“I’m really proud of this,” says Associate Professor of Politics Leslie Hill, holding a laminated, but yellowed, newspaper clipping that recalls a historic moment of protest by African American women.

The clipping is from the year 1991. In the midst of the infamous confirmation hearings for Supreme Court nominee Clarence Thomas, Hill was one of 1,600 black women who lent their names to a full-page ad in The Sunday New York Times. (Signatories also included Sue Houchins, now associate professor of African American studies.)

The ad, headlined “African American Women In Defense of Ourselves,” protested the racist and sexist treatment of Anita Hill (no relation to Leslie), the black attorney who had come forward to say that Thomas had sexually harassed her in their government workplace.

Associate Professor of Politics Leslie Hill inspects “African American Women In Defense of Ourselves.” (Phyllis Graber Jensen/Bates College)

Hill, who joined the Bates faculty in 1988, has for a long time kept the clipping under wraps in her Pettengill Hall office. But this year, as the #MeToo movement has gained power, Hill “decided to go public” by sharing it with students in her course on race, ethnicity, and feminist thought.

Hill recalls the “disturbing recognition that Anita Hill was being incredibly disrespected.”

Today, the #MeToo victims often say they’ve kept silent out of fear of retaliation or that they would not be believed. Well, they have good historical reason: In 1991, the senators and the media alike treated Anita Hill shabbily, like a liar.

Back then, as Leslie Hill watched the hearings on live television with millions of other Americans, she recalls “a disturbing recognition that Anita Hill was being incredibly disrespected.”

In protest, a trio of African American feminist academics — historian Elsa Barkley Brown, sociologist Debra King, and historian Barbara Ransby — organized a response that culminated with a full-page advertisement in the Nov. 17, 1991, edition of the Times and other newspapers.

The ad reflected “this fury about the way Anita Hill was being treated, but also about the way in which black women’s experiences were being dismissed,” Hill says, recalling how the mostly white mainstream media framed the story through white women’s experiences, when it was about gender plus race and class — what we today call “intersectionality,” a term coined by scholar Kimberlé Crenshaw.

There was a “reticence on the part of black women to assert the nature of our own experiences, lest black men come under attack.”

Twenty-six years after the Thomas hearings, Hill’s students know the concept. “They’re familiar with it, and so that door is already open for making sense of what’s going on now.”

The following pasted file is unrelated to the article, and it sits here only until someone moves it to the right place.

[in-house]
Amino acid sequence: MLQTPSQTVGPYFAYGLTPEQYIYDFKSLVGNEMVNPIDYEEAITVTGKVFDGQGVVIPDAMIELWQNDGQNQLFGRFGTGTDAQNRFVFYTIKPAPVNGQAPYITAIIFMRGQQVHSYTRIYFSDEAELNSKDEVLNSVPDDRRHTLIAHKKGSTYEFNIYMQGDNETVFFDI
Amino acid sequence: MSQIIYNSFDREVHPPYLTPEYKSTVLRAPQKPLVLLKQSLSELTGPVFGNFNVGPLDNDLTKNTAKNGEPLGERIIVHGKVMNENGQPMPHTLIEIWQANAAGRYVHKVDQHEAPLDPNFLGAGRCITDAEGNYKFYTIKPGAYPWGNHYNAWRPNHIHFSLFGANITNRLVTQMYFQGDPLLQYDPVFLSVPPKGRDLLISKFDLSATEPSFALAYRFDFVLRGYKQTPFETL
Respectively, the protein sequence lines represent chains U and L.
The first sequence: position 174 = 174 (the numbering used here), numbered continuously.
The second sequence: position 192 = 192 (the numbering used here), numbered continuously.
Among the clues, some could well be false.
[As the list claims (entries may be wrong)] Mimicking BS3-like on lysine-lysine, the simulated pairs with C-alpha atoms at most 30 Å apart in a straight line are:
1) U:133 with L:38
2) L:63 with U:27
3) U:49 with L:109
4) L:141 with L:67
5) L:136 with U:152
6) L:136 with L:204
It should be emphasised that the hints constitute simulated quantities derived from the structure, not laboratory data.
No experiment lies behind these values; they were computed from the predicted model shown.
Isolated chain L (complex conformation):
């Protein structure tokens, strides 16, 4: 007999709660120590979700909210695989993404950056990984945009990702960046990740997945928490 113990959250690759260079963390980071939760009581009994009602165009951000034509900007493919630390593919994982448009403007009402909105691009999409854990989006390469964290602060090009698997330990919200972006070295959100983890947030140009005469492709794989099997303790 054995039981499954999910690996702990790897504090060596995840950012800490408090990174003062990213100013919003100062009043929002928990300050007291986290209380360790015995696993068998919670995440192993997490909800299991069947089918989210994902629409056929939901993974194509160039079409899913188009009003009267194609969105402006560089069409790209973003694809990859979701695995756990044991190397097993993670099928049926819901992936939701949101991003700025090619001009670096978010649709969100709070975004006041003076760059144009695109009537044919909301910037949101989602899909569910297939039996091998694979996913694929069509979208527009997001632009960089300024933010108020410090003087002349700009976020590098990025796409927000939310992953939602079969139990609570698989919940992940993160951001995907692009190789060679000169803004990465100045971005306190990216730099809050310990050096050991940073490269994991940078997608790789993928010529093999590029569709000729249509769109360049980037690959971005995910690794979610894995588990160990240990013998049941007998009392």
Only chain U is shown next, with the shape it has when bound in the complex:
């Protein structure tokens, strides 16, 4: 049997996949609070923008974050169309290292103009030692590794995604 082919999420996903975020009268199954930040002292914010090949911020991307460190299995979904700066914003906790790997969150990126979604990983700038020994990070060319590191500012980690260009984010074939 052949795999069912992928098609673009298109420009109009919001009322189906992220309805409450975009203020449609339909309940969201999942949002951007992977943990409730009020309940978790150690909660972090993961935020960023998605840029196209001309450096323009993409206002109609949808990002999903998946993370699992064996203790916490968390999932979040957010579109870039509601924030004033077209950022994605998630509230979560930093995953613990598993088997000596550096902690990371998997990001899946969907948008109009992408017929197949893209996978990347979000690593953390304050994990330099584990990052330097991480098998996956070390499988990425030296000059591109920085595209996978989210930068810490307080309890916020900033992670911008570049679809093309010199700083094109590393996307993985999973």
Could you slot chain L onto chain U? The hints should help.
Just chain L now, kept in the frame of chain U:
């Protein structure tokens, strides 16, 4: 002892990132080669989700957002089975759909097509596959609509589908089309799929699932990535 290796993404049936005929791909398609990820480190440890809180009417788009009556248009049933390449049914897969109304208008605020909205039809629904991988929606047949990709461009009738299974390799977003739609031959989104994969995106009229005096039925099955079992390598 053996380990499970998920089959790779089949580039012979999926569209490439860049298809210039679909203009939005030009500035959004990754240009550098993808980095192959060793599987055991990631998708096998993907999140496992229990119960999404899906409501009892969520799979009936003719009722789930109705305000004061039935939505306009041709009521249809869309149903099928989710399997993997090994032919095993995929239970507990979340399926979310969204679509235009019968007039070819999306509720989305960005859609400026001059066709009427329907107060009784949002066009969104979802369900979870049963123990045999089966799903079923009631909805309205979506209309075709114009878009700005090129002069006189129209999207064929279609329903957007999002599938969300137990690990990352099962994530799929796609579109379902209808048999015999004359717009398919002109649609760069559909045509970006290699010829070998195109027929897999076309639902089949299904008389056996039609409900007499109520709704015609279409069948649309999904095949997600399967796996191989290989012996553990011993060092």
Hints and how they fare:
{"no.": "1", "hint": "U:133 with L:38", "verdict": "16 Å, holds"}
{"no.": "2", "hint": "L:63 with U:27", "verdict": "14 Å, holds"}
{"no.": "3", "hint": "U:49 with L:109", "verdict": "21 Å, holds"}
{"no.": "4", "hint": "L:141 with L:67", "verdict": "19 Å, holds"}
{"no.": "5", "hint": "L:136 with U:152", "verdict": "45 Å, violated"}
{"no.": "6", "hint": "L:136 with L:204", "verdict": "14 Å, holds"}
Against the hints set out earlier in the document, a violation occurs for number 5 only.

In 1991, African Americans were divided about Thomas’ fitness for the Supreme Court. “That made it hard for black women to come out defending ourselves,” Hill says. In addition, many in the black community were wary about “airing dirty laundry in public”; alluding to Crenshaw’s work, Hill says there was a “reticence on the part of black women to assert the nature of our own experiences, lest black men come under attack.”

Thankfully, the combination of dynamic, new scholarship and the multitude of public voices and role models makes it possible “to engage in public discourse about gender discrimination and oppression in ways that do not exclude the experience of black women and other women of color.”

The text, surrounded by 1,600 signatures, of “African American Women In Defense of Ourselves,” as it appeared in the Sunday New York Times on Nov 17, 1991.

 

Hill points to Oprah Winfrey’s recent remarks at the Golden Globes and how Winfrey was able to “talk about sexual harassment and sexual violence and to do so in a way that brought in the experiences of black and working class women, in particular.”

In 1991, Hill was in Atlanta when the Times ad appeared. In that pre-Internet era, word of its pending publication “got out through various kinds of networks,” she recalls. “We bought every copy of the Times that was in Atlanta that day.”

Today, the historical memento inspires Hill’s efforts to create a classroom conversation about sexual harassment and sexual violence “that puts the most disadvantaged women at the center of the discussion: What kind of policy, what kind of action, what kind of practice, needs to be put in place in order to stop these violations, change this culture?”

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